But why would anyone need enough power to de-Blackberry your passengers at will? To me, the S8’s 4.2 litre V8 feels like it was engineered with one goal: to make the S8 the first car to pull away from the lights and thrust its way onto the autobahn. You can’t be dealing with petty traffic when there’s a deal to close. Once you’re up to speed and settled, the 360hp powerplant (Audi’s most powerful production engine ever, at the time) will also keep pulling until you decide to be sensible and/or legal, with the Tiptronic gearbox making it almost too easy to shift up and down with its conveniently placed buttons on the dainty steering wheel. If you’re wondering about noise, well, there’s isn’t much apart from the sotto voce grunt of the V8. The sumptuously leathered cabin is double-glazed, so in my experience the only commotion is likely to come from your passenger shrieking every time they accidentally set off the vicious spring-loaded phone holder in the arm rest. Nobody said the business world was a nice place.
While the engine still impresses today, the external looks are perhaps more divisive. If you’re a fan of modern tendencies in car design, you’ll miss the swooshes, wrinkles and gargantuan grilles which seem to be flavour of the month with certain German manufacturers. Compared to newer cars, the S8 looks pretty basic. It sits there all lozenge-like, radiating mitteleuropean confidence and a vague sense of balanced books, with tiny bits of chrome trim making it as exciting, you feel, as an executive car could properly dare to be in 2001. Admittedly it does grow on you. There is something solid and neatly artistic about the way the S8’s bulk is bounded by those curved body panels. It’s almost sculptural, a muted five metre tribute to German engineering. The S8 also has the curious ability to make parking spaces feel like display areas and to make passers-by give you perhaps a foot more space than they otherwise would. No screaming crowds, no tourists grabbing their phones and asking you to rev it, but quiet respect and the odd approving look. Perhaps this is what it feels like to be the boss.
Wafting around Oxfordshire, having preposterous conversations while enjoying infinitely adjustable seats, power steering and the retro-lux interior, we’d lost track of time. I suddenly realised that if we were going to make the London train, we had to get back to Milton Keynes, fast. I was confident, however. I’d obviously seen what De Niro and Reno had squeezed out of the S8 in Ronin. I’d also read through the original spec sheet, boasting aluminium space frame design, ventilated disc brakes, and 2001’s most advanced driving aids. This was going to be a doddle.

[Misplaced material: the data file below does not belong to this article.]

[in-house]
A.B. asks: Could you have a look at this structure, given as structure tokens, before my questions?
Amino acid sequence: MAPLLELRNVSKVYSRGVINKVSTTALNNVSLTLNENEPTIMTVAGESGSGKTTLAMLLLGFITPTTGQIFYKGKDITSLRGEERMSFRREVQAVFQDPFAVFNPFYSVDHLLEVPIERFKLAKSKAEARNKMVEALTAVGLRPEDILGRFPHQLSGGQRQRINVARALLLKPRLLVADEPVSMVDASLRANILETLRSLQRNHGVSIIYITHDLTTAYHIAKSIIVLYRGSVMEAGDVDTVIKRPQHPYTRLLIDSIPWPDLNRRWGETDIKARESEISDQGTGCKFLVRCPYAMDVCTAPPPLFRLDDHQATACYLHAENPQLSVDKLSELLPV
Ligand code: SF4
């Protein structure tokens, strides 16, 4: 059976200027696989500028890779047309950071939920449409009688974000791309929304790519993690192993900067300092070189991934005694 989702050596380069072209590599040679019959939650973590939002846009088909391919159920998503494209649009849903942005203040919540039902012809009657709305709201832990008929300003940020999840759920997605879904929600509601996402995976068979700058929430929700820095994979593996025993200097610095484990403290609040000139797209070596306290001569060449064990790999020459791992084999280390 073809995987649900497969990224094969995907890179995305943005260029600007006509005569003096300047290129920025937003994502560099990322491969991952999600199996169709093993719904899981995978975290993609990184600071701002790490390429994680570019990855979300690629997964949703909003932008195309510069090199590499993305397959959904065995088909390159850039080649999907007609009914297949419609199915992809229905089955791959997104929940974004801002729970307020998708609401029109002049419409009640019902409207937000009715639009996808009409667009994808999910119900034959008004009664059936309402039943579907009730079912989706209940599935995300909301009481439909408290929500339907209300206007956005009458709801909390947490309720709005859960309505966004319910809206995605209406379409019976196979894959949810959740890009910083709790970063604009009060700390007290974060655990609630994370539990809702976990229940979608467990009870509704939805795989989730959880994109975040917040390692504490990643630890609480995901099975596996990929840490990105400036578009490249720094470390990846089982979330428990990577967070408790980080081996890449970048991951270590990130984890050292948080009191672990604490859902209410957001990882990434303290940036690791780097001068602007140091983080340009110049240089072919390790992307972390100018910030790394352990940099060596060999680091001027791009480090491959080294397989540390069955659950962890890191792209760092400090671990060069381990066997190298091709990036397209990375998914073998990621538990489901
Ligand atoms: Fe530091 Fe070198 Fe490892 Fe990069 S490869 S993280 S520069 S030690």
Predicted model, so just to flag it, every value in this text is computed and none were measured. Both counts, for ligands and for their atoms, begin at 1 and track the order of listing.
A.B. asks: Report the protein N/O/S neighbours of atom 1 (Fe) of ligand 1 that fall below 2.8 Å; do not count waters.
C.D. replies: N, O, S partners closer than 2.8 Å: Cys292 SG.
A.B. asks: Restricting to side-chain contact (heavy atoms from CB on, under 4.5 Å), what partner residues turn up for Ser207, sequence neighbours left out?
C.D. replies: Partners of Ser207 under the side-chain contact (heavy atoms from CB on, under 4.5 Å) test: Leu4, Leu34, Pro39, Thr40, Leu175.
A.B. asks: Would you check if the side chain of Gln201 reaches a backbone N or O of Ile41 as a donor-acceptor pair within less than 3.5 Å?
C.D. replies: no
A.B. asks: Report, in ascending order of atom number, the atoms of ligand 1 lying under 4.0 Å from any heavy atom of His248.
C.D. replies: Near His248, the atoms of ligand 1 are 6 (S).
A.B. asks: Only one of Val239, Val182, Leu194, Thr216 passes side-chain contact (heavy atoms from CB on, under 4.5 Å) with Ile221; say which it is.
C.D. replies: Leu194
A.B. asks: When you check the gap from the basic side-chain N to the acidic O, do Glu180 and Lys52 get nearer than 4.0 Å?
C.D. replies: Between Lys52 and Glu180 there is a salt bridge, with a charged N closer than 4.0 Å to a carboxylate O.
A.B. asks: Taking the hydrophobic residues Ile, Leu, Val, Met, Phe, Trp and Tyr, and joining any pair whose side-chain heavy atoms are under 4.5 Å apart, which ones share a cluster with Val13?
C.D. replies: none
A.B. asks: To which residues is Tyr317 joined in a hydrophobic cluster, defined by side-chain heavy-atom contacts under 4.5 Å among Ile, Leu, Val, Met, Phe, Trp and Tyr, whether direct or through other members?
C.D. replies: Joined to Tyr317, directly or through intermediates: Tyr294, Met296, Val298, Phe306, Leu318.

Or maybe not. Let me tell you now – pushing an aged super saloon weighing over 1700 kg down Oxfordshire B-roads is a sobering lesson in physics. However much confidence the S8 imbues you with, hard cornering will result in some body roll, irksome lateral G’s and a hint of tyre squeal. It’s a polite but insistent noise, as if the S8 is kindly suggesting that you should think about a smoother line for next time. Traction control winks at you discreetly. Your stomach turns slightly. You get the message. This isn’t a car to fling about. Despite initial impressions, it never was a Teutonic bruiser designed for hammering up and down the roads with abandon. With great power comes, well, some responsibility. The S8 is still a precision tool, imposing and capable but to be used with restraint and judgement. Like your favourite litigation lawyer from the good old days. That is to say: you might never fall in love with it, but gosh, it’s effective.
But would you buy one now? Well, an aged executive super saloon will always be a somewhat rarefied taste, especially given new examples are priced beyond the reach of the non-suited multitude. This kind of car has a job and does it well – transporting you in blessed comfort and peace to your next meeting, with just a touch of flair, a little squeeze of excitement. Whether it really suits you depends on your lifestyle (and your appetite for maintenance bills) but then again, an S8 of any vintage is not a lifestyle choice. It’s not built for Instagram. You’re paying for peace of mind, not carbon fibre; it feels like a vehicle for those who can’t afford to buy cheap.
Even the best part of 20 years later, a car like the 2001 S8 impresses. I can forgive slightly worn leather, the touch of dust in the door sills, aged electronics and the general feeling that time has moved on. Because that happens to everyone – but fundamental quality and standards last. And this is a car of quality. It retains a certain mysterious allure, even if the stardust sprinkled on it at launch has now faded somewhat. So maybe the Reinhards and Markuses at Audi are onto something after all – if the job’s worth doing, it’s worth doing very well indeed.